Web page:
Learn To Lie To Your New Camera

daylight flash fill
This was a tricky exposure with skin tones bracketed by dark and light colors. You can see the fill flash in the sunglasses catch lights which also helped with the shadows under the ball cap

Honesty may be the best policy in life, but one of the keys to getting the best pictures is learning to lie to your new camera. Unfortunately, in many ways, your relationship with your new camera will be one based on deceit. But it’s okay, your camera is not going to feel betrayed and you’re going to like the results.

Lie About White Balance

I guess you could classify this as little white lie (ba-dum pah!). Specifically you’re telling the camera the light is really a different color temperature than its electronic sensor is measuring.

Your camera is measuring the temperature of the reflected light reaching the lens and comparing it to daylight. It then uses those calculations to try and determine the type of light source illuminating the subject. These days your camera is really good at making that calculation but there are still good reasons for you to lie about it.

Most cameras balance out full daylight a little on the blue end of the spectrum. Human perception likes skin tones a little on the warmer side, with a slight reddish gold cast. So lie to your camera’s white balance calculation by telling the camera it’s really cloudy outside and not clear. Your camera will shift the color to the red end of the spectrum thinking that it must be overcast outside.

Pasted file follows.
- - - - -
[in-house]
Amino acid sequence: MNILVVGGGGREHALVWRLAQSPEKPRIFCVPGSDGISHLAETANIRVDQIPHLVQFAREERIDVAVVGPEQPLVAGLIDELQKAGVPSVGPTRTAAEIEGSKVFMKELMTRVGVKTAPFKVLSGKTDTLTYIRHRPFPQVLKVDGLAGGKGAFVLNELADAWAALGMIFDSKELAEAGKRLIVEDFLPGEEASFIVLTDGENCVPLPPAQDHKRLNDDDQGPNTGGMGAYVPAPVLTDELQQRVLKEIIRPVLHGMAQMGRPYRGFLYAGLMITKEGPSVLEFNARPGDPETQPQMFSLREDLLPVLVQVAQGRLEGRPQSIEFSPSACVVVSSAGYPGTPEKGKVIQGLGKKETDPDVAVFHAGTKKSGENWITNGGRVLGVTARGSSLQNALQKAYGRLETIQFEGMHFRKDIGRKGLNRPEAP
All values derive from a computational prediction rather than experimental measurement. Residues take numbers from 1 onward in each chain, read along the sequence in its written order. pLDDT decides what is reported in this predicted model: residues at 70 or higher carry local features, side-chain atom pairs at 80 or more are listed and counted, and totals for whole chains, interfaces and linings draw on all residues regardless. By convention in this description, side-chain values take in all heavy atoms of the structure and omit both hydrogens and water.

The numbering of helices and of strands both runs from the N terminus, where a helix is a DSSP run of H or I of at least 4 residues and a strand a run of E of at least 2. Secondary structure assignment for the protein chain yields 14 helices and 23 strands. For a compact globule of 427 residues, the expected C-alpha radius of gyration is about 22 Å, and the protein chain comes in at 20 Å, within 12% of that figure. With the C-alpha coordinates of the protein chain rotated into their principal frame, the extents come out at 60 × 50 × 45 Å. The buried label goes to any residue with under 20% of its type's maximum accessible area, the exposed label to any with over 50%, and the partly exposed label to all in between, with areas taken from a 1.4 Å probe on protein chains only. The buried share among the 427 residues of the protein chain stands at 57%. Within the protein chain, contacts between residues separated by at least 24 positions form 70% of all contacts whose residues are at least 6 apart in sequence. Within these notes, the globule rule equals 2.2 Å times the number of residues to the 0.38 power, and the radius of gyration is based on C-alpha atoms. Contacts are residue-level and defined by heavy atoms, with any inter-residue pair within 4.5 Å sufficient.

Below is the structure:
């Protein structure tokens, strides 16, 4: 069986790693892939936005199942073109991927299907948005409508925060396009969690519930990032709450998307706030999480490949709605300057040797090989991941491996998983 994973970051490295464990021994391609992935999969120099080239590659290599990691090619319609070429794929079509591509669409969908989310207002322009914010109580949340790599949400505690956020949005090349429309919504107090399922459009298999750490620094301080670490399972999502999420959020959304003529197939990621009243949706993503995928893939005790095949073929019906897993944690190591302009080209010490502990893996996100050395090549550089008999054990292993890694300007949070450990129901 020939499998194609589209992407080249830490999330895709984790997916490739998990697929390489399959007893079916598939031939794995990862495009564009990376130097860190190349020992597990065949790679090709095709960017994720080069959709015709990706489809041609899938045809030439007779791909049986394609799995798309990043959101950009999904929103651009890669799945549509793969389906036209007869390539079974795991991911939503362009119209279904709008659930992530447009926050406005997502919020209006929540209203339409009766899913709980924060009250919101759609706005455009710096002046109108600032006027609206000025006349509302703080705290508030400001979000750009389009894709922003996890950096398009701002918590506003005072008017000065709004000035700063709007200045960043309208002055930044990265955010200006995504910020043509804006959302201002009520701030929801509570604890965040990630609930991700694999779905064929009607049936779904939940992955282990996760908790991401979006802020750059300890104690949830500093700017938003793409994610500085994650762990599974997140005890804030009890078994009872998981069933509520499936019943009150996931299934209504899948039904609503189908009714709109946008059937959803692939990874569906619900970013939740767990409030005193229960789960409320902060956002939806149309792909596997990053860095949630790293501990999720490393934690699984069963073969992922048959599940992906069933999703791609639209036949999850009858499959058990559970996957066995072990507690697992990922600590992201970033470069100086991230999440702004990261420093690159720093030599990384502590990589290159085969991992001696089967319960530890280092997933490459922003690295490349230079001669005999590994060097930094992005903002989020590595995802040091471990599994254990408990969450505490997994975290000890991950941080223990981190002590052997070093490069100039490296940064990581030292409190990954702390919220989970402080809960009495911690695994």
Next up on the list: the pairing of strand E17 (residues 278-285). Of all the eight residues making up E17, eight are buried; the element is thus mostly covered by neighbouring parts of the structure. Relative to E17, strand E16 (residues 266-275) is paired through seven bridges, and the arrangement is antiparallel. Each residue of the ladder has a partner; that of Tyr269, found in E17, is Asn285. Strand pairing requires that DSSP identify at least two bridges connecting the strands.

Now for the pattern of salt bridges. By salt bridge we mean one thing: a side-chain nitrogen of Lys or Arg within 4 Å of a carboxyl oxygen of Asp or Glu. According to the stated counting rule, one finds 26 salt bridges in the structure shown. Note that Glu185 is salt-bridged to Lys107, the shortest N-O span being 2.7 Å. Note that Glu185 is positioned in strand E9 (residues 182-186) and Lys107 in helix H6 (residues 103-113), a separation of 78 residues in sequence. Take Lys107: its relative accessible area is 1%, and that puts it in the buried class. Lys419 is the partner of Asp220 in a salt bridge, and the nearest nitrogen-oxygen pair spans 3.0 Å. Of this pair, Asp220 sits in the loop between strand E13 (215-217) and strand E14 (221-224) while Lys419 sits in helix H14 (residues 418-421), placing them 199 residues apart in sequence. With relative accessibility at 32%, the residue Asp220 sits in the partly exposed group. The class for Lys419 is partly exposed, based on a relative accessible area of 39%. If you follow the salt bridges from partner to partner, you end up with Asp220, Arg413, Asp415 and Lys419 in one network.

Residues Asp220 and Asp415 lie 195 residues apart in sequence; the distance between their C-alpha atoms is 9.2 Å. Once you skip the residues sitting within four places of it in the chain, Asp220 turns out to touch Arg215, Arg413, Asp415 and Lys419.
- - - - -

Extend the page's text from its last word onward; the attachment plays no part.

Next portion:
You can also do something called white balance bracketing and just run through all the options and pick the one you like best.

Lie About Exposure

Our trail of deceit next takes us to exposure. On the Auto setting your camera is going to meter several points in the scene and set an average exposure right down the middle for 18 percent gray and try to balance the luminosity. You can lie to your camera and make it underexpose by pointing the lens at a lighter area of the frame and then push the shutter button half-way to lock the exposure, or some cameras have a special exposure lock button. You can go the other way and make it overexpose by pointing at a dark area.

The exposure lock feature on your camera is one of the best pro tips for consistently getting better photos.

Lie About Being Indoors

When taking photos of a person outside, go ahead and lie to your camera and tell it that you’re really inside and that it should use the flash.

On some electronic level it will know there’s really plenty of light, but since you’re the boss it will figure the flash into the equation and give you a nice fill for the subject’s face. It’s one of the great ironies in photography that your camera’s built-in flash is an absolutely dismal light source for pictures, but a fantastic fill light.

While it’s terrible to suggest starting off your relationship with a new camera based on lies, it’s really okay. You’ll get much better pictures while having way more fun and, scout’s honor, I’ll never tell.

What happens in the camera, stays in the camera. Or something like that.